The Birmingham school board must accept the authority of state officials who took over the system in June. That includes a directive NOT to fire superintendent, Craig Witherspoon. Jefferson County Circuit Judge Houston Brown (photo above) ruled yesterday that school board President Edward Maddox and his allies must stop interfering in a state takeover of the school system and keep Craig Witherspoon as city superintendent during that time. The Birmingham News reports that in his ruling, Judge Brown wrote that Maddox’s micromanagement has put the district’s accreditation in peril and could have led to a funding loss that would have shut down the school system if the state had not intervened. Brown ruled the June 26 state takeover was valid under the Alabama Constitution and state law and that the Birmingham board’s vote on July 17 to fire Witherspoon after a 60-day leave violated board policy, the superintendent’s contract and a state directive.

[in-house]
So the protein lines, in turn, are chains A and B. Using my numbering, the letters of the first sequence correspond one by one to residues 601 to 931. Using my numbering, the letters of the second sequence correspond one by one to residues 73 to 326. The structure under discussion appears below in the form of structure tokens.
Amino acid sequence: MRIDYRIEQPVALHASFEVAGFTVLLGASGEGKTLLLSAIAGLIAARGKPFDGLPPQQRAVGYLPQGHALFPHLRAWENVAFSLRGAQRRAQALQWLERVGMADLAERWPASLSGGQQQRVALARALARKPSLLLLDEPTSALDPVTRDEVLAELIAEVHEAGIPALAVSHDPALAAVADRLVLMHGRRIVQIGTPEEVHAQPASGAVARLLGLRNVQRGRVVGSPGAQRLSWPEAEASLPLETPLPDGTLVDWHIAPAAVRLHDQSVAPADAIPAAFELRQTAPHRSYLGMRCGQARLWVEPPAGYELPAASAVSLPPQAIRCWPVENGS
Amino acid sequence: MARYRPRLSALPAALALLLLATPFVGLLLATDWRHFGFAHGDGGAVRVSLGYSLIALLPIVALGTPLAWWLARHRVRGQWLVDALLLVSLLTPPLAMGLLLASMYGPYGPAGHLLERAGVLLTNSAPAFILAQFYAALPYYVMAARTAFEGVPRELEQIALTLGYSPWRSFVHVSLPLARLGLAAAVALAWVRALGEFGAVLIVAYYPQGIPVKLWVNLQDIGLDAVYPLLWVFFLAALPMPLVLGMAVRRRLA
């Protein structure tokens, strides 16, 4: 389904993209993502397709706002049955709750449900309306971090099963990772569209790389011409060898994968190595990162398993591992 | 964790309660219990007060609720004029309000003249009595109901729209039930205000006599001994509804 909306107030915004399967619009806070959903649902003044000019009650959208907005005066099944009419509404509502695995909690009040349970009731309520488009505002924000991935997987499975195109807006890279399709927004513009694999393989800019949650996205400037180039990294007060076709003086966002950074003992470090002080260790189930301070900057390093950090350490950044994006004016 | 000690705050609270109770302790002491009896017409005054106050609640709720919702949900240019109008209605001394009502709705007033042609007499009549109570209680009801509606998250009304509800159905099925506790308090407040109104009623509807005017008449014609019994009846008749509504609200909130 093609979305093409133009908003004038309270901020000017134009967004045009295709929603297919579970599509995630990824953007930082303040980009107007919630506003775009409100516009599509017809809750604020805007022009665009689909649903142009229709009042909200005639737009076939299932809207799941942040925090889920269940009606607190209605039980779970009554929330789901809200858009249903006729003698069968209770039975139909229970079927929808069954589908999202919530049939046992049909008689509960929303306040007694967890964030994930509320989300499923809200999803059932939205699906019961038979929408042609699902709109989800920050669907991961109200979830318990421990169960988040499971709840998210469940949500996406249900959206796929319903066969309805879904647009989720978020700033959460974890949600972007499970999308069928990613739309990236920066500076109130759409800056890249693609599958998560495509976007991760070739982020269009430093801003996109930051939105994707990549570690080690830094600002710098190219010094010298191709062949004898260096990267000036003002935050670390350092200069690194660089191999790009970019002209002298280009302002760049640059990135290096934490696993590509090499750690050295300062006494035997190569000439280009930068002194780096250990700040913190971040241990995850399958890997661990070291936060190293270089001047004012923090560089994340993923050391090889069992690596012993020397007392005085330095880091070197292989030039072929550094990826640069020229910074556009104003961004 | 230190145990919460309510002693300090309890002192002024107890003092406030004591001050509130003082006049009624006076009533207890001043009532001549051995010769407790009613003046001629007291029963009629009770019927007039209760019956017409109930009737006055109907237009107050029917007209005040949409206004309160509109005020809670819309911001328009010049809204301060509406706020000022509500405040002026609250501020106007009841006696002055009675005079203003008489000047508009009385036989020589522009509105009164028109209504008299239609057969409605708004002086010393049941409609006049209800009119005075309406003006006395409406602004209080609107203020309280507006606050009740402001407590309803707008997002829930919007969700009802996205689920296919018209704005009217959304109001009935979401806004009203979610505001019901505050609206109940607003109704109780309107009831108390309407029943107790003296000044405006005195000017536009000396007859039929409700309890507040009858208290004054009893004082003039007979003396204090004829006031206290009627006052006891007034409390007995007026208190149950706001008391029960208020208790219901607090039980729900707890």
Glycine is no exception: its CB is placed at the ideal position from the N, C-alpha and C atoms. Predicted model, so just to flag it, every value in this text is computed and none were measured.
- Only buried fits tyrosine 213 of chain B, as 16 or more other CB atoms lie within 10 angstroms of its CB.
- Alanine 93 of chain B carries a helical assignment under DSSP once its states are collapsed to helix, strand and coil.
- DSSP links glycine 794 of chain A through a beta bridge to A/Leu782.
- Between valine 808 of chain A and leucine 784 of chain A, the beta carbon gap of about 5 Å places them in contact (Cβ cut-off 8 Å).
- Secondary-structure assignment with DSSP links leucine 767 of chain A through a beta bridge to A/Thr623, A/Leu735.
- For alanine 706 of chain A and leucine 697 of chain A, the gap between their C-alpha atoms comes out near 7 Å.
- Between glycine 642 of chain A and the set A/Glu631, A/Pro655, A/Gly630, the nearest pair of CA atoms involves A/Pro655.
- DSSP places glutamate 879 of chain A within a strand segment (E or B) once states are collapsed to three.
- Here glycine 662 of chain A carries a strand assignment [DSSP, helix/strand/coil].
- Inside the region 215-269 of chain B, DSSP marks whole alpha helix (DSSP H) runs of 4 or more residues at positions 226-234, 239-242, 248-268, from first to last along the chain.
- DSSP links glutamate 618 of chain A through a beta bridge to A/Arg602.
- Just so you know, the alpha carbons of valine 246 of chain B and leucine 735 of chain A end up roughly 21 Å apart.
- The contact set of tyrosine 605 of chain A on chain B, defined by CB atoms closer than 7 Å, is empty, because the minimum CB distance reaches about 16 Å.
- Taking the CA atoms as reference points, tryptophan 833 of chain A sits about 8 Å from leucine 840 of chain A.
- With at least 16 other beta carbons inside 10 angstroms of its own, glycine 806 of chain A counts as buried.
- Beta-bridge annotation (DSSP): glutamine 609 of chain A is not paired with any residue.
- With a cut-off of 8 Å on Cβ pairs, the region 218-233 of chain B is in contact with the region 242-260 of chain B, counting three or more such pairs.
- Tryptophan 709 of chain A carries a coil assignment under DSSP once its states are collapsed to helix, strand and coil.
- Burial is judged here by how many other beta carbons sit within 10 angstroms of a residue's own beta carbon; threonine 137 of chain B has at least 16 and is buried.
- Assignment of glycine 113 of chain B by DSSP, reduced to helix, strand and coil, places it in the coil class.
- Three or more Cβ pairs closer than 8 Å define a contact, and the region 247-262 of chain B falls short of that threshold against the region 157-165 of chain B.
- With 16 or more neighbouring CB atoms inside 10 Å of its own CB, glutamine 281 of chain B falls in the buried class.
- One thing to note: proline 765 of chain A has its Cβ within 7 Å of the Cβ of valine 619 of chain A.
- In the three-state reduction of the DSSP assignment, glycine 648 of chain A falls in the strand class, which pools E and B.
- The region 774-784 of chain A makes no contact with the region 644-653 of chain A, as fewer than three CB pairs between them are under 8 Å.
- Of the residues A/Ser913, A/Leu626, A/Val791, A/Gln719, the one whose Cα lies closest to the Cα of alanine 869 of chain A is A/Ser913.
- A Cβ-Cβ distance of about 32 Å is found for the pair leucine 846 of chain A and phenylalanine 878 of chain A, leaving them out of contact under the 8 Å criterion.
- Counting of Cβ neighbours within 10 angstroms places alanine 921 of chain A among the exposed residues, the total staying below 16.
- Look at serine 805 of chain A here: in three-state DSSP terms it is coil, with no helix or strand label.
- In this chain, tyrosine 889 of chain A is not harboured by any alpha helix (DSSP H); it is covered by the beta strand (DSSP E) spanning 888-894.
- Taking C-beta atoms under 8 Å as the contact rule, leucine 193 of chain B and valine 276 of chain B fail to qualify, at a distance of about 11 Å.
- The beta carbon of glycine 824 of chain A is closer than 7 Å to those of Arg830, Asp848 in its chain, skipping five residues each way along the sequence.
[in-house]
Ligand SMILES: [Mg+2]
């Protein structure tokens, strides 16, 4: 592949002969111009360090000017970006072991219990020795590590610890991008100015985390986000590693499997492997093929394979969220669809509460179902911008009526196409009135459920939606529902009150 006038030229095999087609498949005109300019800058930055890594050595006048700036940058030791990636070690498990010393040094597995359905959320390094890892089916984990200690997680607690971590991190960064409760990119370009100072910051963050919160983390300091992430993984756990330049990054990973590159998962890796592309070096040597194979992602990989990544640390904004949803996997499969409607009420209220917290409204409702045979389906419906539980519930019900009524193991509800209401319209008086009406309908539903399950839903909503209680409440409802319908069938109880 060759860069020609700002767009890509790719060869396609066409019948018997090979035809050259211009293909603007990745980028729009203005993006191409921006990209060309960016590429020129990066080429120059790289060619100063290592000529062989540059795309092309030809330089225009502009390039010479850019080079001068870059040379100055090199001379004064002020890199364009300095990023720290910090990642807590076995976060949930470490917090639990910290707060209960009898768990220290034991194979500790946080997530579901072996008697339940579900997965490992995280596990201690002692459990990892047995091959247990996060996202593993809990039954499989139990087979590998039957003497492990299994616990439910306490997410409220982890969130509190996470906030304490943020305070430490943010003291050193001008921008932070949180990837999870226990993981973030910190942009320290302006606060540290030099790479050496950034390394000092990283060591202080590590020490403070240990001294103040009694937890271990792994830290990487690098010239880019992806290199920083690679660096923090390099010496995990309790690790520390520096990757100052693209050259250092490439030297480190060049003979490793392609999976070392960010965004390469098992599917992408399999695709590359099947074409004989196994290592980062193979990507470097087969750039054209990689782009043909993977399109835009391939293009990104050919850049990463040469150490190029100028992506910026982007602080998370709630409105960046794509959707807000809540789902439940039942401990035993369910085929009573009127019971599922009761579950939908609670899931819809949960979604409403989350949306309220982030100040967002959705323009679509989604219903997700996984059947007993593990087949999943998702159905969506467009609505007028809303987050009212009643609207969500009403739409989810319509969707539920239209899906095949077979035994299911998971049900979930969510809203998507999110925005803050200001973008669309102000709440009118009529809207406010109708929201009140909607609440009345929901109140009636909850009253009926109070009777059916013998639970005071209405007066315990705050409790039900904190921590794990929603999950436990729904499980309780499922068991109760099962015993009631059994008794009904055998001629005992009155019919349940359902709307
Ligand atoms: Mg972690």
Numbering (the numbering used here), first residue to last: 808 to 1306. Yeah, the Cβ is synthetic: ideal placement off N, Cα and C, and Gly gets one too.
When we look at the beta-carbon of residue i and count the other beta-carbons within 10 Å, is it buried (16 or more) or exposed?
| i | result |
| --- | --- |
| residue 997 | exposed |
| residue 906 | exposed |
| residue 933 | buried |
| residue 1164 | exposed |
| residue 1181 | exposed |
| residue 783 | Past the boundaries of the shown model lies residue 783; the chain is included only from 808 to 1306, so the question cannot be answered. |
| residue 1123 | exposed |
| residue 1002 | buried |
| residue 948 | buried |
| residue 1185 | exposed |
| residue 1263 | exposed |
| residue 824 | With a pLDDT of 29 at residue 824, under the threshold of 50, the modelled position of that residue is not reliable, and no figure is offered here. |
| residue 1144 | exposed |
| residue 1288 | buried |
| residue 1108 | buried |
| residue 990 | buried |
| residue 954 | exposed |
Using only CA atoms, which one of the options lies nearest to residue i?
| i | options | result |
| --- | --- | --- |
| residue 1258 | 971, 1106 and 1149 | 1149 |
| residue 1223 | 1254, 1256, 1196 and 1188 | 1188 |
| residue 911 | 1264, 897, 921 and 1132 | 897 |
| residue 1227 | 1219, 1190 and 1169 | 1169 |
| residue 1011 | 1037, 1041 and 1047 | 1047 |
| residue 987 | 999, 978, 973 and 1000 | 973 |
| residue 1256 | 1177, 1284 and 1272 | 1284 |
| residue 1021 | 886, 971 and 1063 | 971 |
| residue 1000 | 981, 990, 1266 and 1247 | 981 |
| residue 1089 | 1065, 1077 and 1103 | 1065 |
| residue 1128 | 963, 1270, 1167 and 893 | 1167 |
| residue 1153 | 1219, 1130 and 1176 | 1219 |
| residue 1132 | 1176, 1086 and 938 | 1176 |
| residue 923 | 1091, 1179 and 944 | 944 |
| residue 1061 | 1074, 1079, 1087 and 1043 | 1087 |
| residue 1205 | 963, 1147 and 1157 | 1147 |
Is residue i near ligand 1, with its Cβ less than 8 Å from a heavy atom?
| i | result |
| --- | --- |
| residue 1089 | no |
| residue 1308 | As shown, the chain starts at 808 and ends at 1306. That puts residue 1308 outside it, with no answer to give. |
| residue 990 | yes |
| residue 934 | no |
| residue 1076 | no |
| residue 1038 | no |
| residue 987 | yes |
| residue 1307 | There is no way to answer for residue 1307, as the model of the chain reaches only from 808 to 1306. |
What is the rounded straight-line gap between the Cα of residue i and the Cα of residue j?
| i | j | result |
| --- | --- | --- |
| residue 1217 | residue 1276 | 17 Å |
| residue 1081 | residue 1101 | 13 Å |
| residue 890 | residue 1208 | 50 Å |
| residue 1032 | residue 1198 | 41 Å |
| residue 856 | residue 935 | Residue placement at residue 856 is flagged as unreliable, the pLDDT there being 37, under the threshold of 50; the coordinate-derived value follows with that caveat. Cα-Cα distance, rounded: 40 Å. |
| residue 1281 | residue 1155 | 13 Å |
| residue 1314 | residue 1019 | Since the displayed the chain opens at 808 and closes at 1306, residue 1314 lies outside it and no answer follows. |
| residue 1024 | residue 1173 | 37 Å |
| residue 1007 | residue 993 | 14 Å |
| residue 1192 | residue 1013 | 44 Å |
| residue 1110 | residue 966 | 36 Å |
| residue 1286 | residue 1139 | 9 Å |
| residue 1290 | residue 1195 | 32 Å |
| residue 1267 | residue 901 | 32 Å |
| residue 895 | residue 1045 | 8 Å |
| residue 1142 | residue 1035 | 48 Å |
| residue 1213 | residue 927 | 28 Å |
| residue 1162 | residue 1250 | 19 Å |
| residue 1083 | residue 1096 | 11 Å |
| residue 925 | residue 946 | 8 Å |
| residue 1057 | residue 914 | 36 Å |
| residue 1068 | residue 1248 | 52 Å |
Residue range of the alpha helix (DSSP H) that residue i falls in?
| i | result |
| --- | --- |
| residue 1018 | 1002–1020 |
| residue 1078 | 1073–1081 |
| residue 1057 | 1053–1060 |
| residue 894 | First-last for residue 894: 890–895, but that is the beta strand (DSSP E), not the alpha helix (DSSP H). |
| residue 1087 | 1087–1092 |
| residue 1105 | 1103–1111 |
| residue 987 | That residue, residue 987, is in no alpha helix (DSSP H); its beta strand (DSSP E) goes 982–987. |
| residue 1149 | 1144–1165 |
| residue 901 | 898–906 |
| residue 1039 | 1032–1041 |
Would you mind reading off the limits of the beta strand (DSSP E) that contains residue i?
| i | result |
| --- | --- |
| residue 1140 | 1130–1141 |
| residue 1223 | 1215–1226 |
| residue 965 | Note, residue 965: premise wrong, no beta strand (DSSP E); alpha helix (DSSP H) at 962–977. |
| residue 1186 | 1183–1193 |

Brown also ruled that Maddox and his supporters “failed to cooperate and collaborate in good faith” with state intervention officials..
MONTGOMERY, Ala. (AP) — The Alabama Democratic Party will hold a hearing Friday in Birmingham on disqualifying Harry Lyon as the party’s nominee for chief justice.
Lyon says Party Chairman Mark Kennedy ordered the hearing for him to show why he shouldn’t be disqualified. Kennedy’s order says Lyon has violated party bylaws, including one that says people are entitled to honest and ethical government. Lyon said he expects to be kicked off the November ballot because party officials want to name someone else to take on the Republican nominee, Roy Moore. He said the party never expected Moore to win the Republican nomination against two opponents, and now the party wants to change candidates. Friday’s hearing does not involve a complaint from a Huntsville voter about Lyon not filing campaign finance reports on time.
MONTGOMERY, Ala. (AP) — A prominent business group, the Business Council of Alabama, has voted to support approval of a proposed constitutional amendment that will be on the ballot Sept. 18. The amendment would permit the removal of nearly $146 million a year for three years from a state trust fund for use in balancing the state General Fund budget. BCA President William Canary said Alabama is in a “predicament because of a sustained, ongoing failure of leadership,” but imminent hardship will occur if the constitutional amendment is not approved. Canary said BCA would like to see the Legislature pass a bill requiring the money to be repaid in the future to the Alabama Trust Fund.